Just a couple questions. If a cadet is not able to do Basic/AIT prior to Freshman year would there even be time in the summer between Freshman/Soph year since Basic Course is done that summer. Since they would be Reserves or Guard while in school is that same as for those that do ECP making it difficult to commission upon graduation as Active Duty. The ability to be getting 'OJT' as an 'apprentice' 2nd Lt is a great positive but if an Active Duty career is final goal is there more risk than benefit?
  1. Someone stated it above, but BCT is a direct substitution for Basic Camp (CIET), when it comes to Advanced Course qualification methods.
  2. If a cadet is awarded a 3yr AD scholarship through the national process, they will NOT be an SMP cadet (at least initially). The National process only awards Line scholarships (i.e. Active Duty), and cadets that contract on a Line scholarship can not contract as SMP Cadets. Last year, USACC determined they again held the authority to convert scholarships from Line to GRFD, but even that takes a few extra steps. If there is a way to do a simultaneous conversion/contracting for 3yr AD winners, then I'm not aware of it.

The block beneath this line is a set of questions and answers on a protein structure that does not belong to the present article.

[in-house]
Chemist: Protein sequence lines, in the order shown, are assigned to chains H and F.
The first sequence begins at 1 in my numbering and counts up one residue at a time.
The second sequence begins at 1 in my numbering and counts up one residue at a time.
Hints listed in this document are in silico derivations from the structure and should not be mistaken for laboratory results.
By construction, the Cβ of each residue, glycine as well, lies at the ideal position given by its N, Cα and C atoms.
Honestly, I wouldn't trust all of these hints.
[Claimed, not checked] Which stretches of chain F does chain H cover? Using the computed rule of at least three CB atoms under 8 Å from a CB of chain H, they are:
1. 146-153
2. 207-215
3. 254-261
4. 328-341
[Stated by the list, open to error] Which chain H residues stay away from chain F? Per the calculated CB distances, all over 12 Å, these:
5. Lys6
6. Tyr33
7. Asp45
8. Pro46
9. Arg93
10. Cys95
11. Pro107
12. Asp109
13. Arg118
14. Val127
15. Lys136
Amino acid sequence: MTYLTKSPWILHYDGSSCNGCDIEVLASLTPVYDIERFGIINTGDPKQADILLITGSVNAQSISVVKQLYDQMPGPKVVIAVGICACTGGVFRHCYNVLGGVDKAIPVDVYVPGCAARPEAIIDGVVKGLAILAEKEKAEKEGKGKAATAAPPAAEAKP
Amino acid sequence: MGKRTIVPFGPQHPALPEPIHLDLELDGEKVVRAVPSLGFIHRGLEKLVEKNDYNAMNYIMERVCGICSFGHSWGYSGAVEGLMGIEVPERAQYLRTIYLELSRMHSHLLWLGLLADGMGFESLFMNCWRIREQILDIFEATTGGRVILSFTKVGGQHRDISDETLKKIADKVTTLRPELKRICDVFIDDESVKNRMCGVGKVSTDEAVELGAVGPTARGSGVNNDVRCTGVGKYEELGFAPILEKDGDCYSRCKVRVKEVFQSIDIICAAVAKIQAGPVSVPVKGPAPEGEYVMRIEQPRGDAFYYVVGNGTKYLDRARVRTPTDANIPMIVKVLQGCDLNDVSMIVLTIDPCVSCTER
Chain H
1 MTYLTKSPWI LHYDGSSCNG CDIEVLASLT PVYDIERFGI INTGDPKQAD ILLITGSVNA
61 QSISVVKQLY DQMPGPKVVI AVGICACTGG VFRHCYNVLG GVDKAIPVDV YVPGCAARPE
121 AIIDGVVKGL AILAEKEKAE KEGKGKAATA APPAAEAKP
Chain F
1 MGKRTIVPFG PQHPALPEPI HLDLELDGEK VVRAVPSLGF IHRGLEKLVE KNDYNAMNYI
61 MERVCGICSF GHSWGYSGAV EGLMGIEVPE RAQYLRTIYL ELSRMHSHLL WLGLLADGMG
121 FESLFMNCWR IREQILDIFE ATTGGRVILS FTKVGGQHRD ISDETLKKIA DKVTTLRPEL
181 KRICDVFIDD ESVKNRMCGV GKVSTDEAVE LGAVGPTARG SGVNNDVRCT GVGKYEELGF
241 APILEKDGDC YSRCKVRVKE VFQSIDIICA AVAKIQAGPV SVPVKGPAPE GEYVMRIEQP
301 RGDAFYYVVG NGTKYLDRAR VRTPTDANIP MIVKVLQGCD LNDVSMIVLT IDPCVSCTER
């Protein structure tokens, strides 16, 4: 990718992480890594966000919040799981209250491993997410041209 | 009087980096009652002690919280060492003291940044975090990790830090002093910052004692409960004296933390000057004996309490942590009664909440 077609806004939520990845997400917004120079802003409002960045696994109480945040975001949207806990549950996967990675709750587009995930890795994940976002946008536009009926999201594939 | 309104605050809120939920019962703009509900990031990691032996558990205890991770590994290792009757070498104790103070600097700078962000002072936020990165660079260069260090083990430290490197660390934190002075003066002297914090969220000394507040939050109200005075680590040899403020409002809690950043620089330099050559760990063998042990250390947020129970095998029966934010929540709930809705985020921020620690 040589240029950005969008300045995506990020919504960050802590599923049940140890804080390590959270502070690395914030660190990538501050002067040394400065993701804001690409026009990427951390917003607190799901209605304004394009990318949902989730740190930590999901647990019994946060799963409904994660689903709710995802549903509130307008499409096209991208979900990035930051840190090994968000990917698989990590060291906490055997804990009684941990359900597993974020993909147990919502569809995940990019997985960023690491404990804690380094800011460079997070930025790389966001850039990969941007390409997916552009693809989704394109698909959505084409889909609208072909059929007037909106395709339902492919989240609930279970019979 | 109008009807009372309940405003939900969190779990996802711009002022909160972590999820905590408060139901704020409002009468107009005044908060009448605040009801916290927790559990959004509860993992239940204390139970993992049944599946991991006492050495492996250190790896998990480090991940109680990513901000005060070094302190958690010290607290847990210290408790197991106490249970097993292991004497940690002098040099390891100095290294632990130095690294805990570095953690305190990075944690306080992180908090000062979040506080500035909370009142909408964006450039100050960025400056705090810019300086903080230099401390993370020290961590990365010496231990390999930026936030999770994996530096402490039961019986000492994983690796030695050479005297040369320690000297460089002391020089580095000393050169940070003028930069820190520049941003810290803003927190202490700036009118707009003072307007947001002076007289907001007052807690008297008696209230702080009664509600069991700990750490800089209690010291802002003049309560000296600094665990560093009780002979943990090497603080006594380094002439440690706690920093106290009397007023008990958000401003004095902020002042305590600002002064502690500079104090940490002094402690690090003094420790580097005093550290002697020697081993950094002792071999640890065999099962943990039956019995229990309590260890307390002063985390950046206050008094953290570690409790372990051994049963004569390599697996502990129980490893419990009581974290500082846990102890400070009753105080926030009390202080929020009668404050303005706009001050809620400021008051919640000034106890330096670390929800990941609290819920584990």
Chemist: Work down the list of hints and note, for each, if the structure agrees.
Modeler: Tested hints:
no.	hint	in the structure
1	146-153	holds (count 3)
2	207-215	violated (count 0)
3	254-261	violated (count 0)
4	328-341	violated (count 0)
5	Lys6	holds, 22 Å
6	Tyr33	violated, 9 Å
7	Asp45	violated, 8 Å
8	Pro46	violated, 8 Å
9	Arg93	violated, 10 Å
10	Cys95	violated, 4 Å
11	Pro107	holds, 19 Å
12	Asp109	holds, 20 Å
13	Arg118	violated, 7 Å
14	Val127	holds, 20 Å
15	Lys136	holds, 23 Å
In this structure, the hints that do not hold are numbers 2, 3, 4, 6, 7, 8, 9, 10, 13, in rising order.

3. Any recruiter that says you can enlist as an SMP Cadet, without DIRECT approval/coordination with the ROTC program, is incorrect. We work with our local recruiters, and have them execute the DD Form 4 (Enlistment Document) for all of our SMP Cadets, but this is simply an effort to get them credit for individuals for whom they typically wouldn't get credit.
    • Side Note: A few years ago, USACC implemented a contracting cap, and some cadets who were NOT offered ROTC contracts had to choose an enlisted MOS, after their 'SMP' contract fell through. For everyone's information, the MOS for an SMP Cadet is 09R, and there's no requirement for an 09R to attend BCT or AIT. Technically, the only authorized way to obtain an 09R designation is to contract into an ROTC program, and this makes that Cadet ineligible for BCT/AIT. The ROTC training and (eventually) BOLC provide the initial entry training for Cadets/Officers.
  4. Technically, 3yr AD winners are not under contract with ROTC until the first day of their Sophomore year (barring an upgrade), so the ARNG/USAR have the right to ship them to BCT, without impacting their college enrollment dates. That said, this typically benefits no one, and most ROOs will fight tooth and nail to get the Cadet released from their obligation prior to shipping.
Speaking from personal observations, National Scholarship Winners who enlist in high school have HUGE administrative difficulties when it comes to contracting. To contract, these folks have to get a DD Form 368 (Conditional Release) from whatever component in which they enlisted. Not surprisingly, the motivation to get this form completed pales in comparison to their original enlistment documents. A huge limiting factor is also that the approval authority for these forms is often the first O-6 in the soldier's chain of command. No Recruiting and Retention Commander wants to go to his/her Brigade Commander to ask for an autograph on one of these.